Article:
With last year’s car such a disappointment Williams decided to stop development and focus on 2019. Lowe felt the team needed to completely overhaul the car and that they could get themselves back in the midfield.
Once again, things did not go to plan. Williams missed the first two and a half days of testing and when they did make it on to the track they found themselves seconds away from the cars in front.
Money has not been the cause for these problems. Racing Point, Alfa Romeo and Haas all manage to remain competitive on similar budgets.
It is the management of the team that has allowed these problems to manifest. Lowe has now lost his job as a result of the car’s performance, although he has been able to save face and resigned from his position.
But was it all Lowe’s fault? Perhaps not but he put his name to the car and he took responsibility for overseeing its design and creation.
Formula 1 and Williams legend, Patrick Head has now been brought back into help and he is currently acting as an advisor. His no nonsense approach will surely fire the staff back up and he will provide some much needed common sense to steady the ship.
But if Williams are to ever recover they need to make changes and they need to make them now.
Is Fry the answer?
One man that could be the right person for the job is Pat Fry. It was reported last week that Fry has been put on gardening leave by his employer McLaren.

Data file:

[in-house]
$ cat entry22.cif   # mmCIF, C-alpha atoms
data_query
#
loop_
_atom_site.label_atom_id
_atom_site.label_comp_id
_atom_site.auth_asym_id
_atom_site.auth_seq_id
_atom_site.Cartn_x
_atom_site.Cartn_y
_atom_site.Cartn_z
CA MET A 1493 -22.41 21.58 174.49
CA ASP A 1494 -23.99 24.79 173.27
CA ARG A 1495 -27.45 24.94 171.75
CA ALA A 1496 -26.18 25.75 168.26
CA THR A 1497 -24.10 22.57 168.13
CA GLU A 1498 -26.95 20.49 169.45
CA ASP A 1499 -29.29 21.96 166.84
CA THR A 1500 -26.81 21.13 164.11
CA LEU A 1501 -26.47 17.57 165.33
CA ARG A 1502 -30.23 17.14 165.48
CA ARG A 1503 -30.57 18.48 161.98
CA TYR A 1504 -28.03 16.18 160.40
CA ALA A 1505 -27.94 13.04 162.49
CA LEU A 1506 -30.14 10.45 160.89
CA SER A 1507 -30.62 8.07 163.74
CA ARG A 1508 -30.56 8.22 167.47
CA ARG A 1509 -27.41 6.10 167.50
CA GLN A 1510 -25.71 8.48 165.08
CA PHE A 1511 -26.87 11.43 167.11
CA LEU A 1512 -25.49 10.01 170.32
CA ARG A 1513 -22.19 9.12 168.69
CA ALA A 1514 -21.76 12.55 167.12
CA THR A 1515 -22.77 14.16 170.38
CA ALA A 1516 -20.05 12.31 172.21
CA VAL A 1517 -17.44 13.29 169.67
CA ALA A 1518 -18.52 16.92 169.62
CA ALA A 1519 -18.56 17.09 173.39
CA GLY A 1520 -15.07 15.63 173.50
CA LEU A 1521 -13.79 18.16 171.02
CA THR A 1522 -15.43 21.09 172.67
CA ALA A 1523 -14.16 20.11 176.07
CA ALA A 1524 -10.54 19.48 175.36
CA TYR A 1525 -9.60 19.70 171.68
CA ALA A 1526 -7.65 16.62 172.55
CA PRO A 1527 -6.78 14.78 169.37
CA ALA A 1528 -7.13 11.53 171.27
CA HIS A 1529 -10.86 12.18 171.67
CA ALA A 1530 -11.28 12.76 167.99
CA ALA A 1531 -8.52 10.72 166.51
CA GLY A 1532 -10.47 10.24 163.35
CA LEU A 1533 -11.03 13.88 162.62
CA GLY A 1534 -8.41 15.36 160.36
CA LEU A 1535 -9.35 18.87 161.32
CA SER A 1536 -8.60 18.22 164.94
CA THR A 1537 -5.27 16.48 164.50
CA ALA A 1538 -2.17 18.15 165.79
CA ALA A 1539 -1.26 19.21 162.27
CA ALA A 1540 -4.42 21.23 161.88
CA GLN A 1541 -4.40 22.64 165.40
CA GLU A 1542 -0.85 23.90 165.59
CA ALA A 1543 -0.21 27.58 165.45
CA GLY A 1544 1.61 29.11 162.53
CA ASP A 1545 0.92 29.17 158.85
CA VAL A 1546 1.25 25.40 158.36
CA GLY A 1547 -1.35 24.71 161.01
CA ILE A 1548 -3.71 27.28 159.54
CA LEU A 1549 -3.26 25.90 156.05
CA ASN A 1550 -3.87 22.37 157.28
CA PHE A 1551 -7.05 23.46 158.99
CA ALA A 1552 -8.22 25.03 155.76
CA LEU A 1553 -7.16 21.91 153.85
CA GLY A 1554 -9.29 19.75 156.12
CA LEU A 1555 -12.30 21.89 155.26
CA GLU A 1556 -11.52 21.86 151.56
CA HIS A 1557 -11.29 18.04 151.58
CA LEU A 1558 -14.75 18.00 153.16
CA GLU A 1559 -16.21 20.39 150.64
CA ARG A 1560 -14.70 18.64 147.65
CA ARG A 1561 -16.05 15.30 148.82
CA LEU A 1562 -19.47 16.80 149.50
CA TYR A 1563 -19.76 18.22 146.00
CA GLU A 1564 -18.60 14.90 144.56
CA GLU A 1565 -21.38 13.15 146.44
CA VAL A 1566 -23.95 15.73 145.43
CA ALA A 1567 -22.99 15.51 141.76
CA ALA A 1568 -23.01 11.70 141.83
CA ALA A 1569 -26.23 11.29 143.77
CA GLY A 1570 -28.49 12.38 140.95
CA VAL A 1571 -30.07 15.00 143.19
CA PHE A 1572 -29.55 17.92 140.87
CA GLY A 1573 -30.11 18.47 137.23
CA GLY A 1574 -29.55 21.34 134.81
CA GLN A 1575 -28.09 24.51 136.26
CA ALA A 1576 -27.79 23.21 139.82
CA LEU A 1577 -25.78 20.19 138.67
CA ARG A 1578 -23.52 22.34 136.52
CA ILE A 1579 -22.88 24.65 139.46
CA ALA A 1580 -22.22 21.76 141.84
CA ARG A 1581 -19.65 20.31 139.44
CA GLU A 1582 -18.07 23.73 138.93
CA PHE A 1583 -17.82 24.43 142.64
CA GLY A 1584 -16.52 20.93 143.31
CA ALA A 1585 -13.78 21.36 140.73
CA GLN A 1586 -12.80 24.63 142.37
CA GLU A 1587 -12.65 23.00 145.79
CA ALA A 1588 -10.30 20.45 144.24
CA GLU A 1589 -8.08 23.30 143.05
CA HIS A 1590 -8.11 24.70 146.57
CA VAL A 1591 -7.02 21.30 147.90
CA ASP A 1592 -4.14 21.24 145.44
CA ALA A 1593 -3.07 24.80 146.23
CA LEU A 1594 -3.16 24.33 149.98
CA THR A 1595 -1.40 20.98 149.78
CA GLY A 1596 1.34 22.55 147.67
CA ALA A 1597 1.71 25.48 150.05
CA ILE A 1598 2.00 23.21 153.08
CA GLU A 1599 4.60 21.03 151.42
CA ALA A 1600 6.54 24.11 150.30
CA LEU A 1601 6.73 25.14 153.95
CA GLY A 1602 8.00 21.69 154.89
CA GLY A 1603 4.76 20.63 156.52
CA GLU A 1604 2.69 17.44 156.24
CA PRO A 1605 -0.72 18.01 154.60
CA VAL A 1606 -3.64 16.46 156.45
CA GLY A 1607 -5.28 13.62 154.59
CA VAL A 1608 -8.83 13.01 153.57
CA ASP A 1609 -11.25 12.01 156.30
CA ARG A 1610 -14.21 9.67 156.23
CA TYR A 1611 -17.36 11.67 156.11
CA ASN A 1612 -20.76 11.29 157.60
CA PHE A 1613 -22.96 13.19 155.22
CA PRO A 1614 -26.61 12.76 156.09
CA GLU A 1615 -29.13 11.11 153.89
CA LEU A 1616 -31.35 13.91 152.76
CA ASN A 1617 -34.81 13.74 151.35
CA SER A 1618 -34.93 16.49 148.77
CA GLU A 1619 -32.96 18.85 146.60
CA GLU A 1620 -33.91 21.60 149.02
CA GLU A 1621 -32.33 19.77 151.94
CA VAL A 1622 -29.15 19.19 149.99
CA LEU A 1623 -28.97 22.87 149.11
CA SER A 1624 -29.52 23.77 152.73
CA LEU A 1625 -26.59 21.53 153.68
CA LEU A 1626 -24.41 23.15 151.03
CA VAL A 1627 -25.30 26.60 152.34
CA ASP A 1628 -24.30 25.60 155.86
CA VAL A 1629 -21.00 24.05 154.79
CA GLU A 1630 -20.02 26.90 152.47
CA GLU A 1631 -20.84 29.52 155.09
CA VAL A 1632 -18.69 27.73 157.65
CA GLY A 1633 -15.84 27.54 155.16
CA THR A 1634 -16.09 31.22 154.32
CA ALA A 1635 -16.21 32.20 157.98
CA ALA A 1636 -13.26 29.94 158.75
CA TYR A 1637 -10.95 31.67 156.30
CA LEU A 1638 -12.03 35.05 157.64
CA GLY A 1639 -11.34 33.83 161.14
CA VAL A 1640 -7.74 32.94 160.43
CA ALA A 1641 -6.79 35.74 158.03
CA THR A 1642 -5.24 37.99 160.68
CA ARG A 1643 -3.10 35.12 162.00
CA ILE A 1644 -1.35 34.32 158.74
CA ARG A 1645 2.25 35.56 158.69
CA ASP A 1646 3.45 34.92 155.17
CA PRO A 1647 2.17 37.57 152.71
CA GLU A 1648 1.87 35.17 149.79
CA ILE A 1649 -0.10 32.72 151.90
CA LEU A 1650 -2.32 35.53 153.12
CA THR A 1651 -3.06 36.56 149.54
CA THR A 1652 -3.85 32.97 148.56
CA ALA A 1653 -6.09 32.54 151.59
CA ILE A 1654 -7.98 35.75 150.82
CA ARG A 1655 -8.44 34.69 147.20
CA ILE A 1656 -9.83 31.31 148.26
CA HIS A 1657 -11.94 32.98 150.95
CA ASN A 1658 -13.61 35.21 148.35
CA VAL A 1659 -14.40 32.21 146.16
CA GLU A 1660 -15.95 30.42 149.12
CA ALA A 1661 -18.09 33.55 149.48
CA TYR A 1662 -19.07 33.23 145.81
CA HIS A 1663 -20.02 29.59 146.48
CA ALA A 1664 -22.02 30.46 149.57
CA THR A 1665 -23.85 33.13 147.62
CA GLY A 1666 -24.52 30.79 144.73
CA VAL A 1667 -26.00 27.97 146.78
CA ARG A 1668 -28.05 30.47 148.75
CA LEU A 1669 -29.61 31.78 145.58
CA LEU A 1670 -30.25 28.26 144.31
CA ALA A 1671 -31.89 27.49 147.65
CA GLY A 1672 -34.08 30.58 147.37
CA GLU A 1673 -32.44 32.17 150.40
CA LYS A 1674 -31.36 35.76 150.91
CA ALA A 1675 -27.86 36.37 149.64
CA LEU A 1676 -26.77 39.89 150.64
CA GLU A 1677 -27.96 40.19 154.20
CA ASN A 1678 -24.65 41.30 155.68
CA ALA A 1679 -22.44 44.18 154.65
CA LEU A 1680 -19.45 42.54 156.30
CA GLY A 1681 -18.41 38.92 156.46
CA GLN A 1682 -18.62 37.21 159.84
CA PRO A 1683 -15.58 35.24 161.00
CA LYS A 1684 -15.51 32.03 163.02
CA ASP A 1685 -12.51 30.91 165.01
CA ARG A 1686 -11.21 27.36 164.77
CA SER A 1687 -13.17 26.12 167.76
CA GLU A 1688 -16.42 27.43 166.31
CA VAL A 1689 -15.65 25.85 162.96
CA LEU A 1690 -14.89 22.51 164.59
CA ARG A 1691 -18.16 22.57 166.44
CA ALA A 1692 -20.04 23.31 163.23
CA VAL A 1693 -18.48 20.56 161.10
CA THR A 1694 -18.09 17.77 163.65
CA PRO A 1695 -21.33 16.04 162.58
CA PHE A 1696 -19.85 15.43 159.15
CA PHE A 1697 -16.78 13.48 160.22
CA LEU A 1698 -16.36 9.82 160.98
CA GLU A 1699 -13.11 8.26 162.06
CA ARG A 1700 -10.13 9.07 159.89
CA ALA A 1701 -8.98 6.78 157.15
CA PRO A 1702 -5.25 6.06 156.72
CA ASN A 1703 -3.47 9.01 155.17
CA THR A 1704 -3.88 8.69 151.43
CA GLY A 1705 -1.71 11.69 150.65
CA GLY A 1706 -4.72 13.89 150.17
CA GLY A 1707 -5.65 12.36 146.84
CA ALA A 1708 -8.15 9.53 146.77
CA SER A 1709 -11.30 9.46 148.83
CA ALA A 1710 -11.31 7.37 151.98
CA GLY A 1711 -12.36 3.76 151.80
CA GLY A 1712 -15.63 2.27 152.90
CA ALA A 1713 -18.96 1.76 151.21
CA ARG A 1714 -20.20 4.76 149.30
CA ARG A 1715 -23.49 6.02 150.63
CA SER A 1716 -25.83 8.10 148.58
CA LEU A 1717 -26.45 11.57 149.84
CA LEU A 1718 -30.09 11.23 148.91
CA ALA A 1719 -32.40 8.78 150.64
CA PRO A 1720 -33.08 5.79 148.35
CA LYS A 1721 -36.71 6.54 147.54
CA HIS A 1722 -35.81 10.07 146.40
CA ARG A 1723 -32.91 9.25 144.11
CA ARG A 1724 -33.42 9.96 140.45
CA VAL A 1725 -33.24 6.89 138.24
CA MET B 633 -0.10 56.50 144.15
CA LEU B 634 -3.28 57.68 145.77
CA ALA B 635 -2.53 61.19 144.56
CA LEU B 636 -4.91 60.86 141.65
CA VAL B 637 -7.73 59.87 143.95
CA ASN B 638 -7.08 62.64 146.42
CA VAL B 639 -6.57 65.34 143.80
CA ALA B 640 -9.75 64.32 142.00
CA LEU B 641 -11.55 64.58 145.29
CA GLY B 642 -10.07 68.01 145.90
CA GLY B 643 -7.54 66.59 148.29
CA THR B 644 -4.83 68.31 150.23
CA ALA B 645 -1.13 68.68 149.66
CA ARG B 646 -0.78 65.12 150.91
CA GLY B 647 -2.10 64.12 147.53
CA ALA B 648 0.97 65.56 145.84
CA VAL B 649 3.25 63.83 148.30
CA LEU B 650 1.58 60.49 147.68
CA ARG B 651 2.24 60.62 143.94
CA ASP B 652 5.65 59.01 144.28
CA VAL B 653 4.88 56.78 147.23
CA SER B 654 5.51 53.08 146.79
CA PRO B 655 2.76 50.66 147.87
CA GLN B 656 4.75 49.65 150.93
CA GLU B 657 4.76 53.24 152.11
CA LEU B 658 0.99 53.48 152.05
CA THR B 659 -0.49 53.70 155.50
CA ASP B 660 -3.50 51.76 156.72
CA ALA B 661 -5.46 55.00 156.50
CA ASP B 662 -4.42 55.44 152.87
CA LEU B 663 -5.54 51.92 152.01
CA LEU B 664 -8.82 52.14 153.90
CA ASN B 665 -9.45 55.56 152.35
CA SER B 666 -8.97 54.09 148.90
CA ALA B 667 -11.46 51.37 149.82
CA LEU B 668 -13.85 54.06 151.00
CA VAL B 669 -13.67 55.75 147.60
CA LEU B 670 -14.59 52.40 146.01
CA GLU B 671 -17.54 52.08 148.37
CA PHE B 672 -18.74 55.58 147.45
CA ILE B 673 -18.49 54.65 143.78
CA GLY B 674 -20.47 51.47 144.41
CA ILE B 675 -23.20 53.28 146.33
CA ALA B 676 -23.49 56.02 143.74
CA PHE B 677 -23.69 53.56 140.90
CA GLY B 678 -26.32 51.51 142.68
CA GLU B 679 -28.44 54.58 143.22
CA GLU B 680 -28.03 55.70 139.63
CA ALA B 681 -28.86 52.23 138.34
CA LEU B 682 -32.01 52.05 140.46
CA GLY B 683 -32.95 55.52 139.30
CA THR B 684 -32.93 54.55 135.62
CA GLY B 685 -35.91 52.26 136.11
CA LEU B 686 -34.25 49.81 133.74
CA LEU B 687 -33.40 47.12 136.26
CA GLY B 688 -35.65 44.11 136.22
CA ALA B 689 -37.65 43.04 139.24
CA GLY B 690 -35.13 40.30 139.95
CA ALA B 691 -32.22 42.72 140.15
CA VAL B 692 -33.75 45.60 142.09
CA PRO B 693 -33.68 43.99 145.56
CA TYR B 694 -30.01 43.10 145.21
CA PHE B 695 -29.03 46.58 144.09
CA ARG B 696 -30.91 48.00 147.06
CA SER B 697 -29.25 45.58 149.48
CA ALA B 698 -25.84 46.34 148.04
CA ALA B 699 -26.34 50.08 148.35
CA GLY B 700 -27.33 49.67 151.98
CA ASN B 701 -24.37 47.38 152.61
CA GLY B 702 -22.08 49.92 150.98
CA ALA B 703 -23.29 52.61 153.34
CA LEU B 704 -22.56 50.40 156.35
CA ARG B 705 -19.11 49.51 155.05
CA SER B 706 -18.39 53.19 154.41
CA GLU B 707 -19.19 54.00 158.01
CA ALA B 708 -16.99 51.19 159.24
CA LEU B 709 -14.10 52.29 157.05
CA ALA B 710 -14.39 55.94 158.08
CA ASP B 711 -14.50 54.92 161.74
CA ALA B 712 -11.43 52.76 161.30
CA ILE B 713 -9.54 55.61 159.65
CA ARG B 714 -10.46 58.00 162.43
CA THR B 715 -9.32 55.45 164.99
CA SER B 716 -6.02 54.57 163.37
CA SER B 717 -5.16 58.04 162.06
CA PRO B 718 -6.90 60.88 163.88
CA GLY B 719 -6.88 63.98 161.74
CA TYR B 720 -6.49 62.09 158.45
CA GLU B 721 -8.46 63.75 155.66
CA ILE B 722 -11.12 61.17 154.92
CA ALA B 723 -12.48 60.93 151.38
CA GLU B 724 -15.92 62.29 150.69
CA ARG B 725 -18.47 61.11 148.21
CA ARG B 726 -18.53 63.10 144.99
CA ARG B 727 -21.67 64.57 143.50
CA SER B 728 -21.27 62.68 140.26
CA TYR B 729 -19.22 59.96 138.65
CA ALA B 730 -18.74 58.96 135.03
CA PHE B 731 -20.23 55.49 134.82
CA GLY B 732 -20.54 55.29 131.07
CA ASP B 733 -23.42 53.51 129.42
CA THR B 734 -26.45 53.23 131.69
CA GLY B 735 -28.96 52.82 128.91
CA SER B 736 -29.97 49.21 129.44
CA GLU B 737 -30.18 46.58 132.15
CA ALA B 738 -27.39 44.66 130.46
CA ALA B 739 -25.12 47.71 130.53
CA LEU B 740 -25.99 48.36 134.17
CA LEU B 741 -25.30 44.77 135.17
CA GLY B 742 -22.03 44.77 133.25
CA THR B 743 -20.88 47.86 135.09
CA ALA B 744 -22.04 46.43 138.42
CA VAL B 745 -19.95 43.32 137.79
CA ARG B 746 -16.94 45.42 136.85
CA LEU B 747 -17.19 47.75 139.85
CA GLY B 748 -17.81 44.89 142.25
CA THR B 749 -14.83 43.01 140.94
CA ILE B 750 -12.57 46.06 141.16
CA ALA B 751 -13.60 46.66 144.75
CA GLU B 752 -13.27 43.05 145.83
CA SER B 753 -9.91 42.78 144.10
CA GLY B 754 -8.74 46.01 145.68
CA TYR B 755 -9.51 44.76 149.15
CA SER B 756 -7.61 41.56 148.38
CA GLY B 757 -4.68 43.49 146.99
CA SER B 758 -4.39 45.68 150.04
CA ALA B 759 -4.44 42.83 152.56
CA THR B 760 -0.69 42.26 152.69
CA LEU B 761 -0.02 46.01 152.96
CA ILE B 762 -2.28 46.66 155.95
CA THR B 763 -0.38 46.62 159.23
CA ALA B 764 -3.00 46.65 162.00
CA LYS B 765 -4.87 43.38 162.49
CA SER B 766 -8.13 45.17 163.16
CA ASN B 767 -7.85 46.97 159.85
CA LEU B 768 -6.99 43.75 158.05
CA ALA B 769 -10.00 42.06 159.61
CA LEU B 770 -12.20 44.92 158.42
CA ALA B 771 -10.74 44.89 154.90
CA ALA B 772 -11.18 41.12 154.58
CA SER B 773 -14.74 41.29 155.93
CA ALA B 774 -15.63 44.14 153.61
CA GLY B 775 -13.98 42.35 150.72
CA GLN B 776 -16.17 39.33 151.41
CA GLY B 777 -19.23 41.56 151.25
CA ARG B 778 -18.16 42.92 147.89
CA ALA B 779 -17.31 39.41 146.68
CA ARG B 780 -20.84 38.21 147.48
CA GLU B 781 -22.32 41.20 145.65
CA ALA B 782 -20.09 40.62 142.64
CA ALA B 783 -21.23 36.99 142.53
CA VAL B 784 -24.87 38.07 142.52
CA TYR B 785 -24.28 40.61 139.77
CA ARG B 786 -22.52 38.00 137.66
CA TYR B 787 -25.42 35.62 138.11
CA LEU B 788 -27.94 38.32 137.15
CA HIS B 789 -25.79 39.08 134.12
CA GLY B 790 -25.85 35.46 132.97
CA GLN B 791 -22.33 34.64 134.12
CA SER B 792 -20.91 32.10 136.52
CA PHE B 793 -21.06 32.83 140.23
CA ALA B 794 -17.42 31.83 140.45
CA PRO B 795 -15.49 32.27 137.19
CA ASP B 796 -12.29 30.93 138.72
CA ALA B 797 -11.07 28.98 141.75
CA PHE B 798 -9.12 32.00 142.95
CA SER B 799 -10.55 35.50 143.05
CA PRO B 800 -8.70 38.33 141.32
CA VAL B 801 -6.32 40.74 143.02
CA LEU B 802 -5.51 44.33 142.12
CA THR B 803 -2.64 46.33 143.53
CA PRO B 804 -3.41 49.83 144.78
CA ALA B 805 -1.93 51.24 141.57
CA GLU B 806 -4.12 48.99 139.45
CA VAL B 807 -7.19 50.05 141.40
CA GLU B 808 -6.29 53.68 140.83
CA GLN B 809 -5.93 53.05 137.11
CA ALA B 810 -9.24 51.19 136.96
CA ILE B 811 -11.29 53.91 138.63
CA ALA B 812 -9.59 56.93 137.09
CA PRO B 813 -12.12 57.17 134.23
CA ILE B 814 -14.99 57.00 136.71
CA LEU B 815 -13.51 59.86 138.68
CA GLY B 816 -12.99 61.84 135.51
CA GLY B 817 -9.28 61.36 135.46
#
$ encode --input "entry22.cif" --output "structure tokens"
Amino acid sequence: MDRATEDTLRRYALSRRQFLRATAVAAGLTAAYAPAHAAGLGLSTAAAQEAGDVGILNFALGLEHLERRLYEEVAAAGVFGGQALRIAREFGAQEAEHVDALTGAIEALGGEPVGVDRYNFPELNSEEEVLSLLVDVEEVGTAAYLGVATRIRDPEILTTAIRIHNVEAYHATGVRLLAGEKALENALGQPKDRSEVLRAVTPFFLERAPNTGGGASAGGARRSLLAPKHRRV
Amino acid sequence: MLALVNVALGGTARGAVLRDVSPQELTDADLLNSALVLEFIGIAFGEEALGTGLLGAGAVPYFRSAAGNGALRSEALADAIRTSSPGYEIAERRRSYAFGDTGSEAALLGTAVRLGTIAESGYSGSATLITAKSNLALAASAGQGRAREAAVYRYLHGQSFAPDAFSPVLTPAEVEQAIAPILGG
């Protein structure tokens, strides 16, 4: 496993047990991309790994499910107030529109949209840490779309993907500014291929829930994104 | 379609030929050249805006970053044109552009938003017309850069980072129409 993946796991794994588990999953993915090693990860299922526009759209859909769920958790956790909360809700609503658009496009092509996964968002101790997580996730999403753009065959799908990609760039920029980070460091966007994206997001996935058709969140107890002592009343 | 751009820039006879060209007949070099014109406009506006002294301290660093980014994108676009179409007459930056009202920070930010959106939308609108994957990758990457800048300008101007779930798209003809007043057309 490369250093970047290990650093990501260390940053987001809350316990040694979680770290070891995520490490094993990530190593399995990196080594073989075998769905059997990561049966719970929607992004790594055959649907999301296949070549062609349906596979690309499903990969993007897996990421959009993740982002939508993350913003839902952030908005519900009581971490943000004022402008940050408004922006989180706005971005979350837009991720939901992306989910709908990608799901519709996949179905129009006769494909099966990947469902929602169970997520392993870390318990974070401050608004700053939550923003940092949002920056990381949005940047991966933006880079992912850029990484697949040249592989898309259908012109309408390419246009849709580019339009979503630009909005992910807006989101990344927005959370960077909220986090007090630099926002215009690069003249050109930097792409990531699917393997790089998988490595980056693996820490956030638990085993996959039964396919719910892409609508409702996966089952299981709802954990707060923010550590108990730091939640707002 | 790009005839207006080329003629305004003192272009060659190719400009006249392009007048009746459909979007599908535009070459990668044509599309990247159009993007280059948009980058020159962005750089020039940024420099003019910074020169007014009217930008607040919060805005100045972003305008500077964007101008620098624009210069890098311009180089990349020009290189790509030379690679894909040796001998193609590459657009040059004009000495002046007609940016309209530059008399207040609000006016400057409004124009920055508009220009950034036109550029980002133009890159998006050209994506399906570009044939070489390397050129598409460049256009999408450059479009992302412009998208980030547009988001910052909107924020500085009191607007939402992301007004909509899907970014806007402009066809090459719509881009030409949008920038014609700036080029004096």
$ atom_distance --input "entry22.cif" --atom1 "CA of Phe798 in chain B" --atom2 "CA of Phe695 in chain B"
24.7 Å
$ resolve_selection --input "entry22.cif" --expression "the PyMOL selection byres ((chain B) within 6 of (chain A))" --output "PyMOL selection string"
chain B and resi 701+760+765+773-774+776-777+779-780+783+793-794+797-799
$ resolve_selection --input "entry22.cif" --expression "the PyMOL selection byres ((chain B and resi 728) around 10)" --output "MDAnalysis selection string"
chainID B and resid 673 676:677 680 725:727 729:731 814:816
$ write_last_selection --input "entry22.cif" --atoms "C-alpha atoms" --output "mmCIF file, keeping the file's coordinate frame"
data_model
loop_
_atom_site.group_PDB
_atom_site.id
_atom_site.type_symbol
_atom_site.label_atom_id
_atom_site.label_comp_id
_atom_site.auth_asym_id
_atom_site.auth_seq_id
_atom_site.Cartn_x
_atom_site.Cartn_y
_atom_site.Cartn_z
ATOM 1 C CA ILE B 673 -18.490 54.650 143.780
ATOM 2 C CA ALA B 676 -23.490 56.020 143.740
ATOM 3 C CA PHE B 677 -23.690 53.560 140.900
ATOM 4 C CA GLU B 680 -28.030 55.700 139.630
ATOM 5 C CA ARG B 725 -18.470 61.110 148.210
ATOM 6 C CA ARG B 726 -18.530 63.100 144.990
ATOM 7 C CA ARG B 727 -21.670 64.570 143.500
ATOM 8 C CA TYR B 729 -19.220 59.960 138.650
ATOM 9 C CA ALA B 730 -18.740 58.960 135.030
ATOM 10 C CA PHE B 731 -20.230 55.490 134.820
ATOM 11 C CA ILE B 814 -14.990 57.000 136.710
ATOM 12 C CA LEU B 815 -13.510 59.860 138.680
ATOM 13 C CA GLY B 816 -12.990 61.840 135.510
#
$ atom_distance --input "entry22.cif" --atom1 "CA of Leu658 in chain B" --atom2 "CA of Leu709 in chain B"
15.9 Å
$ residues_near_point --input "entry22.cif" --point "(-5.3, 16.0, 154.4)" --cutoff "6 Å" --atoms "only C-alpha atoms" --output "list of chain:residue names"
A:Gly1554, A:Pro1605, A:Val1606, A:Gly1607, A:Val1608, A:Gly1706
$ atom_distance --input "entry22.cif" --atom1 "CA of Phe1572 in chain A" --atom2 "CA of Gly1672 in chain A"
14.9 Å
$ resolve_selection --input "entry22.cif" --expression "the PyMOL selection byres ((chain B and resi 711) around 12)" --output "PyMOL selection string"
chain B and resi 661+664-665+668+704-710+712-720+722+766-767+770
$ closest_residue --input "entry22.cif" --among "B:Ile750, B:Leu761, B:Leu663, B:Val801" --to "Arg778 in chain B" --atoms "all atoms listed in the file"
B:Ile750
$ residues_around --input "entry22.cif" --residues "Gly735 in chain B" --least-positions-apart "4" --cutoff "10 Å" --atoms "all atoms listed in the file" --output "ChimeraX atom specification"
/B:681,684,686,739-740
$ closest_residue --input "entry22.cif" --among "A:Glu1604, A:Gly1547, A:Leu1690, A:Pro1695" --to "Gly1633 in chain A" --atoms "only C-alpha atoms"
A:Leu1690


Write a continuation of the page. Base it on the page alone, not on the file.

He has an impressive track record having worked with both Mika Hakkinen and David Coulthard as a race engineer. Fry was also chief engineer for McLaren and he was also the Technical Director at Ferrari before leaving in 2014. He then re-joined McLaren in September last year on a short term contract.
Fry’s experience makes him the ideal man to replace Lowe and to improve the team. He won’t work miracles and get the team flying straight to the front but he should be able to provide Williams with the tools to at least get back in to the midfield fight.
With George Russell leading the team from a driving perspective, Williams will be able to rely on him bringing regular points back to the team if he has a car that allowed him to do so.
Rumours have also circulated in the last few days that Williams are considering switching to Renault engines. There has been no official confirmation that this is true but if it is, it is another sign that the management of the team is all over the place.
Potential engine supplier switch?
What can the team gain by switching engine suppliers now? To be fair to Renault they have caught up with Ferrari and Mercedes but they still have reliability issues to resolve.
Mercedes arguably have the most powerful engine and the most reliable one and with Williams in such a precarious state it makes no sense for them to change suppliers unless they are able to get Renault engines at a much reduced rate.
With Mercedes, Williams knows that it has an engine capable of providing the right power and performance and so that should outweigh the need to change things yet again.
It would add more uncertainty to a team that is already in turmoil and at times like this you need stability.
The only way for Williams to get out of the hole they have dug themselves into is to regroup, work together and continue to find improvements, however small.
If they don’t, the once great team may find themselves unable to remain on the grid. If that were to happen it would be a disaster for both the sport and the fans.